This course examines the relationshiop between the theory of evolution and British intellectual, cultural, and political history in the nineteenth century. Beginning with the political use of evolutionary conceptions of nature during the French revolution and the response, the course examines the historical context in which Darwin's and others' works on evolution were produced and received in the nineteenth century. In doing so this course explores the relationship between science and society in the modern era, with particular attention to how visions of "man's place in nature" intersected with theological, political, and social visions. By placing Darwin's On the Origin of Species and The Descent of Man in historical context, the course serves as an intellectual and cultural history of Britain during a profoundly transformative century through focusing on a scientific idea and its relation to society.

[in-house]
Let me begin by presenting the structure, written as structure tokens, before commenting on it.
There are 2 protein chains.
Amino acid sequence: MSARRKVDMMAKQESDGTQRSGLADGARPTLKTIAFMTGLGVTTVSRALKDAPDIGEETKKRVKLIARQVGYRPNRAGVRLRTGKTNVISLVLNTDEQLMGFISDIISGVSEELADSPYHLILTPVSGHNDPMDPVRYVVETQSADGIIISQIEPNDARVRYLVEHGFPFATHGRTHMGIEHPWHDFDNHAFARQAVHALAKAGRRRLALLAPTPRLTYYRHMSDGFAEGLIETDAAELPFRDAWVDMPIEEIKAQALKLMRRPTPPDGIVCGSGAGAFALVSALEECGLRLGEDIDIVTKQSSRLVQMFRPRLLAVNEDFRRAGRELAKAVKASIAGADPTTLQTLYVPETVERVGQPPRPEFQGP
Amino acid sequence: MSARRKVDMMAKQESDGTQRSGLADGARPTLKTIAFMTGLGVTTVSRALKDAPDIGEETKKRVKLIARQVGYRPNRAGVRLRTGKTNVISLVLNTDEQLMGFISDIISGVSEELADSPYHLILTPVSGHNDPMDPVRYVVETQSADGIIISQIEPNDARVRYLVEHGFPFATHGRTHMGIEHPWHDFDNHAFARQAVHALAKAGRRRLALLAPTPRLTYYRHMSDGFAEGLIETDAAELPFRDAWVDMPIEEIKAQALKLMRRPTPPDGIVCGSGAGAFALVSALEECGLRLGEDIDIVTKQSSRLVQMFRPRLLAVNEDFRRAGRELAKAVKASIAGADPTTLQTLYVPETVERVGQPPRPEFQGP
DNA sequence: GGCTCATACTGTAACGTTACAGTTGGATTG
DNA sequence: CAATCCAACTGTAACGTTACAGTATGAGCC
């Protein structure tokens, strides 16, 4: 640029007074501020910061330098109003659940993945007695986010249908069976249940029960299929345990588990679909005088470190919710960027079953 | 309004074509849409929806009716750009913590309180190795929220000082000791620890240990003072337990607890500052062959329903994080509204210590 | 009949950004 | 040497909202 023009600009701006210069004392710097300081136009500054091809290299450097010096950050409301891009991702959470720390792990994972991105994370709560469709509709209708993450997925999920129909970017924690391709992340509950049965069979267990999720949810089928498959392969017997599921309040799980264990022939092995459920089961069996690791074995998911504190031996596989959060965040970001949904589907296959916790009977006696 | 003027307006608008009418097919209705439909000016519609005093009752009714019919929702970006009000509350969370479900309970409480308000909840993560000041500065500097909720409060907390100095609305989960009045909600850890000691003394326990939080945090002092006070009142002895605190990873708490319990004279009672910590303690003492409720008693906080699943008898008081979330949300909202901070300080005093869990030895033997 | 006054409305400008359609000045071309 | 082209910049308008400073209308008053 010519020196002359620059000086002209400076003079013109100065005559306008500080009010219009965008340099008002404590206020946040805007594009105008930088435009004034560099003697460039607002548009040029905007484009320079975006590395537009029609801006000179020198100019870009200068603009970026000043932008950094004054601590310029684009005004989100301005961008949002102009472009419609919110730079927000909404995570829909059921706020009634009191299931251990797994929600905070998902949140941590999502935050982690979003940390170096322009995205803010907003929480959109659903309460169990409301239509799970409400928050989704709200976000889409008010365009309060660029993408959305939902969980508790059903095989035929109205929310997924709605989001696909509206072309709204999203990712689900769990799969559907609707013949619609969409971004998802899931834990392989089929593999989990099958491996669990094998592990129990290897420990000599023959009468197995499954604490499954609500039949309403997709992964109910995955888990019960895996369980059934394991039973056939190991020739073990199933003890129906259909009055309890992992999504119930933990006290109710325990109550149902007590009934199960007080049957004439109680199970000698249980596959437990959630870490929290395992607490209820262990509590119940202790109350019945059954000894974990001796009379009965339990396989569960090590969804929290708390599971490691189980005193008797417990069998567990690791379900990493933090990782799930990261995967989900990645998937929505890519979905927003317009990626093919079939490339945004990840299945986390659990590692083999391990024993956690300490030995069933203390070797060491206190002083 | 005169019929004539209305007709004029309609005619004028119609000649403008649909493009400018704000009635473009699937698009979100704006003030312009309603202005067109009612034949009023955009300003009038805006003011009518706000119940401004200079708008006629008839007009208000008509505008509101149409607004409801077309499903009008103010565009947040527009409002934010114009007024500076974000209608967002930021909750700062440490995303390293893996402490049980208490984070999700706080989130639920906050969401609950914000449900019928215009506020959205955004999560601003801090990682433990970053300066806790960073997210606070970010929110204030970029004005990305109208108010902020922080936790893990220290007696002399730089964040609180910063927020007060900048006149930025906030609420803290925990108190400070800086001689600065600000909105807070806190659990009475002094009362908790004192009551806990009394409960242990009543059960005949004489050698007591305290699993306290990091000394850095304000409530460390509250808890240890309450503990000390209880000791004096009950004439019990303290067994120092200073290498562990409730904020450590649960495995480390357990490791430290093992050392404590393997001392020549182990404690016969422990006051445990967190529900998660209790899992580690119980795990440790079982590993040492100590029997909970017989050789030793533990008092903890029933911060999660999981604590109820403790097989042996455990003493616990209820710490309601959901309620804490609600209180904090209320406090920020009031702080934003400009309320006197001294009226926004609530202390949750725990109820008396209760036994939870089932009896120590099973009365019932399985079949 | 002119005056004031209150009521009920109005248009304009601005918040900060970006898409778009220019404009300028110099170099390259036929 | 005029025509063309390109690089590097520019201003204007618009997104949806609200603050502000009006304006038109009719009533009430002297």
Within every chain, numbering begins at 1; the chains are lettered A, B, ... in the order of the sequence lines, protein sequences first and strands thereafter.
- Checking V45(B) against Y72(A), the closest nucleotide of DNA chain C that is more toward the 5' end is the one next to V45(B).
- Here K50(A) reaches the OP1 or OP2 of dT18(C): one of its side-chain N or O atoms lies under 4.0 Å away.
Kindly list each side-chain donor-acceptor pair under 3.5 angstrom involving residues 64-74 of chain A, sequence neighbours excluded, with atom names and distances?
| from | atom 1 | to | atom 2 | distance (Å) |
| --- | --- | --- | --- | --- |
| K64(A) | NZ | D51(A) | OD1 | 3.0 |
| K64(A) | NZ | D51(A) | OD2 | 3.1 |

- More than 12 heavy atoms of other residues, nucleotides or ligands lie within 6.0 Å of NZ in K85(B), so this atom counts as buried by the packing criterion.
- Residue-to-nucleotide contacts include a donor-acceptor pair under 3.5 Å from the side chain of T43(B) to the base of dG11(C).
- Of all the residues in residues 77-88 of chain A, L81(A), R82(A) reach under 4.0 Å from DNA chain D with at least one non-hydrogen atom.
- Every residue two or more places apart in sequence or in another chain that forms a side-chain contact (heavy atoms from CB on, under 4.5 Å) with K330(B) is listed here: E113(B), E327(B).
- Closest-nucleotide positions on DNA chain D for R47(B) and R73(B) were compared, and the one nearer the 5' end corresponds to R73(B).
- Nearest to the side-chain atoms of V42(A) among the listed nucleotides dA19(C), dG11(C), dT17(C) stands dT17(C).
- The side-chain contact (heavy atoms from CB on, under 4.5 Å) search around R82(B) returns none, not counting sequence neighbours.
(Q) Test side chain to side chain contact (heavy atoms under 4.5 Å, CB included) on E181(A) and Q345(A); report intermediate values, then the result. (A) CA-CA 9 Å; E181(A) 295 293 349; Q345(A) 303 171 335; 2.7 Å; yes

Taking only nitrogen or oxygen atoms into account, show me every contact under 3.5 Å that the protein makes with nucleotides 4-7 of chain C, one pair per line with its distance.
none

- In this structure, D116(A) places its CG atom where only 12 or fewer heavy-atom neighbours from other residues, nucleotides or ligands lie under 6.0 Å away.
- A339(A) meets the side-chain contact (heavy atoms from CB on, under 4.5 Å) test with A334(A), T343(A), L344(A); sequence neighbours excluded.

Prerequisites: Students may not receive credit for both STS 144 and STS 338.